Has the veil finally been lifted on Labor's proposed tax changes?
I was invited to Canberra this month (February) to join a round table discussion with the PM, Treasurer and Assistant Treasurer, and other property heavyweights including Yellow Brick Road, hedge fund VGI Partners Global Investments, REIA, the Master Builders Association, the Urban Development Institute of Australia, the Real Estate Institute of Australia, Property Investment Professionals of Australia and the Property Council.
The topic being the nation’s housing policy.
Attending this meeting to share our research regarding the property market with such high-level decision-makers really brought home the impact Labor’s proposed taxation changes has already had and will continue to have both on the broader economy and, in particular, GDP growth.
I attended the round table discussion to talk about our research and insight but also to listen to the concerns of the others and join in a dialogue with them.
The attendees expressed their concerns regarding the impact of the proposed taxation changes on housing prices, dwelling commencements and GDP growth.
In particular, it was very interesting to hear the concerns that were raised by the development lobby groups.
Their interest is clear - to increase new development and this does actually align with Labor’s stated objectives which is to shift investor demand to new dwellings and, therefore, to increase new dwelling supply from developers.
But when these developers, who are having difficulties meeting pre-sales and sales targets, have clear evidence that dwelling commencements have fallen due to poor investor sentiment and will further fall under Labor’s proposed taxation changes, it follows that they are opposed to these reforms.
In fact, new independent economic modelling commissioned by Master Builders Australia shows will not increase the supply of new housing or create new jobs in the building industry.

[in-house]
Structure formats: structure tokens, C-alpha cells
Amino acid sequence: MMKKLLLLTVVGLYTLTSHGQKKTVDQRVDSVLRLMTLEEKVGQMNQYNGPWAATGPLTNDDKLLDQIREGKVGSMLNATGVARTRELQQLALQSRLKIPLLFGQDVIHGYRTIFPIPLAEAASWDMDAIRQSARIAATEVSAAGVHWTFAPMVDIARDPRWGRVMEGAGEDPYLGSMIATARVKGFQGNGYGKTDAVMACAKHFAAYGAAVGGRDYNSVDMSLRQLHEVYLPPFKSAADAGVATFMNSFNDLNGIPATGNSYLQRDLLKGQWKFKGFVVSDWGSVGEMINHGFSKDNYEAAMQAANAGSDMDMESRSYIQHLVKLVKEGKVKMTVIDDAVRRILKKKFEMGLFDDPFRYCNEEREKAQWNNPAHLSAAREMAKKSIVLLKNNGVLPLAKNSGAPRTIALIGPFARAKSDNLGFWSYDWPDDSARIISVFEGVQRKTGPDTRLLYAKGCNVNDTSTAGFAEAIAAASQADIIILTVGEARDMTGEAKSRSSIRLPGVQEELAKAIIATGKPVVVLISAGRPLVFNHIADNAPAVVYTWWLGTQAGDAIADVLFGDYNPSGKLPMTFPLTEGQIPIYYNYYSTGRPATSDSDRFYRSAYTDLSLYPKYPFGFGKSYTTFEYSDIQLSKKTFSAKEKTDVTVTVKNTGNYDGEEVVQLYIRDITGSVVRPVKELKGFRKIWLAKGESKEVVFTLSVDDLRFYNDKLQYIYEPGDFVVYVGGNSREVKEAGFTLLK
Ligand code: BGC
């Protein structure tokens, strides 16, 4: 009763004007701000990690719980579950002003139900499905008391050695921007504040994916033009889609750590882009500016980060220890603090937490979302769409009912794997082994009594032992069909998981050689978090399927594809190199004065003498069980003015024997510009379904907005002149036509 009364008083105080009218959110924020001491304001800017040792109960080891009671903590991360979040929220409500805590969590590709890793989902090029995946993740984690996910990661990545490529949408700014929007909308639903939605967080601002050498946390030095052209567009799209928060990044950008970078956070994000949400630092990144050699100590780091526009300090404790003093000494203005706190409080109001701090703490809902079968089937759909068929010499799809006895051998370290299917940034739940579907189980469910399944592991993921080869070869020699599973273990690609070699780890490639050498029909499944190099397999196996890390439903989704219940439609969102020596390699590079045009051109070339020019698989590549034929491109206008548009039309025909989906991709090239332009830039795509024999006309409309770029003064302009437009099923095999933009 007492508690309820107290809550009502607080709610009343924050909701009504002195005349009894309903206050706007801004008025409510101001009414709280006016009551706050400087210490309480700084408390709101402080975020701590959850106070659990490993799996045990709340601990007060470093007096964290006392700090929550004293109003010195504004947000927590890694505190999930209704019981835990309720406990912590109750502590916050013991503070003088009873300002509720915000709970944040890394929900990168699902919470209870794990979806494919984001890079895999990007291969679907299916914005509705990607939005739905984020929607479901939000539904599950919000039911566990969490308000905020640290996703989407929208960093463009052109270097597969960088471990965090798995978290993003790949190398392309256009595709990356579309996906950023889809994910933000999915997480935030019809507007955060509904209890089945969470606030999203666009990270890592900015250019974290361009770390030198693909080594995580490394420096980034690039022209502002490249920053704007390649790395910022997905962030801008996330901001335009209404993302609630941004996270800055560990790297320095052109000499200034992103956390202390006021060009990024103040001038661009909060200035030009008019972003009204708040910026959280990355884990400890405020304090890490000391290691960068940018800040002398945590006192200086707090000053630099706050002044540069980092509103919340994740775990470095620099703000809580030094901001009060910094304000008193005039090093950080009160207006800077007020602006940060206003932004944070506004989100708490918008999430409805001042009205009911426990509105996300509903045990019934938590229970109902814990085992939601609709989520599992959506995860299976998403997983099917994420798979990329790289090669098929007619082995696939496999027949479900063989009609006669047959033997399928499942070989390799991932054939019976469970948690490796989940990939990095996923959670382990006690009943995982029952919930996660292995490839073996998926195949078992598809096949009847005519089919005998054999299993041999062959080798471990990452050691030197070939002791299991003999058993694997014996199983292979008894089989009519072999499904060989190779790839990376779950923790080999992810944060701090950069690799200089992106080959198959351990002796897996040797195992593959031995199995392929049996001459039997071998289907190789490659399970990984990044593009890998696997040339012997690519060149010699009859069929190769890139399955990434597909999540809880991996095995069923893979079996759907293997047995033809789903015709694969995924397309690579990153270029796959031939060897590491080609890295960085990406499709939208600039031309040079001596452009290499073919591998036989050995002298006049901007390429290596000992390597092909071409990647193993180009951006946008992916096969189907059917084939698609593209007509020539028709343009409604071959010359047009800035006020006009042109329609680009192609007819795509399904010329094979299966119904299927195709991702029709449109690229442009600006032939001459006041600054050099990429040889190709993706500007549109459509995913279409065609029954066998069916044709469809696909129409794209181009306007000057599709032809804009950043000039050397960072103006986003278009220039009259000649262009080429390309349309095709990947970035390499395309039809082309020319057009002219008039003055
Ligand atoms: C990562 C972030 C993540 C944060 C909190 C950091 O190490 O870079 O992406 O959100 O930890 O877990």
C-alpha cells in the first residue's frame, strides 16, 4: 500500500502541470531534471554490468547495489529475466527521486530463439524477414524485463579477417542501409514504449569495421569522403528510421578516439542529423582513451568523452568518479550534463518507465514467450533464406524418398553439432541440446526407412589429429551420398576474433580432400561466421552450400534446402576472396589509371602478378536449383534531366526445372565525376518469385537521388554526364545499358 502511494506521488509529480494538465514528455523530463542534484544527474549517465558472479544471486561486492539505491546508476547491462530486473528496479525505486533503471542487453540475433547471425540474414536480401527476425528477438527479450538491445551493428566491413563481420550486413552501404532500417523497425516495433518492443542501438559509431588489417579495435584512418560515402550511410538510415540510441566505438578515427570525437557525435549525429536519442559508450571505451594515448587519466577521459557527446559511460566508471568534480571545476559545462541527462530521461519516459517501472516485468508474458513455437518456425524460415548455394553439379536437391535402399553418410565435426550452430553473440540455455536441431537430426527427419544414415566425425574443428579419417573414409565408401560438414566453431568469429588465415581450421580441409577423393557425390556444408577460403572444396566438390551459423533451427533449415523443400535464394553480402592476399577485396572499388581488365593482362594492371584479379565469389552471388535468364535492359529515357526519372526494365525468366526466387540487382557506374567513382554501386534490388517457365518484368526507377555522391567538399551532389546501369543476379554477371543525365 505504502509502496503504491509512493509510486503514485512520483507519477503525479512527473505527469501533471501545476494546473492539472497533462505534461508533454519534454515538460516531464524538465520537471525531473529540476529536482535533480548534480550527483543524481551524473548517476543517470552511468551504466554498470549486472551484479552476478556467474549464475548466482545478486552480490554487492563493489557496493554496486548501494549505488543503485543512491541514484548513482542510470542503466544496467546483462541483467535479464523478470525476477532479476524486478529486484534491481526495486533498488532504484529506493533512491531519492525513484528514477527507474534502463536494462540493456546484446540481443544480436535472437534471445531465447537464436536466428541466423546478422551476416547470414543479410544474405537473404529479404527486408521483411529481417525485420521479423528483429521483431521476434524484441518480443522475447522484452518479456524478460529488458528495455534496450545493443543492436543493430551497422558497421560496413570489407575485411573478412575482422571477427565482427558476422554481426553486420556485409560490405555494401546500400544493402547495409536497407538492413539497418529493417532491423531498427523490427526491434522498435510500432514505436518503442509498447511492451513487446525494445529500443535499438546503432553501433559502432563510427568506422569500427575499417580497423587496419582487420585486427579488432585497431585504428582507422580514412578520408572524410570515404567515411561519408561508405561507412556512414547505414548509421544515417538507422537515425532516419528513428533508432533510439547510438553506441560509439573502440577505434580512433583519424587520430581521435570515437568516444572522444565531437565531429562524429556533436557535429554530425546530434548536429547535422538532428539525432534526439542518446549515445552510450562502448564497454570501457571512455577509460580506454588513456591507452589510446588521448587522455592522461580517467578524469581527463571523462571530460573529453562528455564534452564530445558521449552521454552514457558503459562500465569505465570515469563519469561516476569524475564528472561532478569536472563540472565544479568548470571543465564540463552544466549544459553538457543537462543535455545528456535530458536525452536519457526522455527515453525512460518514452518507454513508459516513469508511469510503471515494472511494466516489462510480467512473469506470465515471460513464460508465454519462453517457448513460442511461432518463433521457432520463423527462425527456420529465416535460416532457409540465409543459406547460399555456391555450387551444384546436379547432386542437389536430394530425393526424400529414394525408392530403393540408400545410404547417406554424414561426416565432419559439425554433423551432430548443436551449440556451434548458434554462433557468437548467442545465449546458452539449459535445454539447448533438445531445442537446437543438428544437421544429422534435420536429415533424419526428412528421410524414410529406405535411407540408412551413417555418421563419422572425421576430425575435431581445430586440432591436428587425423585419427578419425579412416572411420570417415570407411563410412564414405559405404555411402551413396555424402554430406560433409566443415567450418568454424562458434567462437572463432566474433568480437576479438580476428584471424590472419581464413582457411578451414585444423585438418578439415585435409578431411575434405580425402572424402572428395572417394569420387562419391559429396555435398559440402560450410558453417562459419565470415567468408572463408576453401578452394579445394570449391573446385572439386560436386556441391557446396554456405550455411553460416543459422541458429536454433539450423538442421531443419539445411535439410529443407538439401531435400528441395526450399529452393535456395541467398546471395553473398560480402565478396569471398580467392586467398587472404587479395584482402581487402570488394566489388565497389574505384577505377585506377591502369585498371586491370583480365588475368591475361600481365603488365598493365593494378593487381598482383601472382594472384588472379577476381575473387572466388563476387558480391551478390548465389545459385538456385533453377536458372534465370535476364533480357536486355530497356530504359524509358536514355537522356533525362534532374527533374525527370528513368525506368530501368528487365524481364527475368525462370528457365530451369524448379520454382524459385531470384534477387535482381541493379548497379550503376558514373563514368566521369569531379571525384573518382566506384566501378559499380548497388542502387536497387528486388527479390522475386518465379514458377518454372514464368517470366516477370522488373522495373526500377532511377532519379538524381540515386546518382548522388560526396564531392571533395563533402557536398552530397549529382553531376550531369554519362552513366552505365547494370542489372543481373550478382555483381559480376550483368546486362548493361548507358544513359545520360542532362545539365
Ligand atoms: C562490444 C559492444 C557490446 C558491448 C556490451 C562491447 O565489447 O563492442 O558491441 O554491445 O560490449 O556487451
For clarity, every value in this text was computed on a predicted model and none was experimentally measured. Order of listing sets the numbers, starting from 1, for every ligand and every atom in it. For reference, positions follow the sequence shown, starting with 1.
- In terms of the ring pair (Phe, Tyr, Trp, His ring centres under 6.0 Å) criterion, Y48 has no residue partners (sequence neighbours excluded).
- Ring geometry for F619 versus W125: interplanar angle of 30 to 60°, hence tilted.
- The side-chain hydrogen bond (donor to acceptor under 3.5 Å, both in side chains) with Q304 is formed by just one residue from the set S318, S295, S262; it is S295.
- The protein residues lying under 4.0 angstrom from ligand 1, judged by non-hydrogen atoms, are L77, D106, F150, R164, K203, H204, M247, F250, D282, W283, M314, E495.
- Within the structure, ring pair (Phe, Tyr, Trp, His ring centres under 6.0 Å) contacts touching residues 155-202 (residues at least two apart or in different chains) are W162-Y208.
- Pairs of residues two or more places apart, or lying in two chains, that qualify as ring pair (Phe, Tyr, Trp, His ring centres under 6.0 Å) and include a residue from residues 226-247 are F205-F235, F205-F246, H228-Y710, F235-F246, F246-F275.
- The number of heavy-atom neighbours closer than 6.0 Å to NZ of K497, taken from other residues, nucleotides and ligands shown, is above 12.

So their concerns come from a very simple place - they are very confident that they are at risk.
The ALP has proposed limiting negative gearing to new housing and reducing the discount on capital gains tax from the current 50 per cent to 25 per cent to increase housing affordability, however, this solution will only be temporary.
Frankly, it’s time for Labor to have an open discussion on the consequences of these proposed reforms and what they think they will really mean to the property market in this country.
We are calling for Labor to perform a review of the current environment and what they expect to see down the track.
This is particularly important now, as the market is very weak and dwelling approvals are reducing sharply with GDP growth projections also being downgraded by the RBA.
Another issue that needs to be addressed is that existing investors will be affected by the changes, because the reforms will create a primary and secondary market, meaning they will lose money.
This is because the buyers won’t want to pay as much knowing they won’t reap the same tax benefits as secondary purchasers.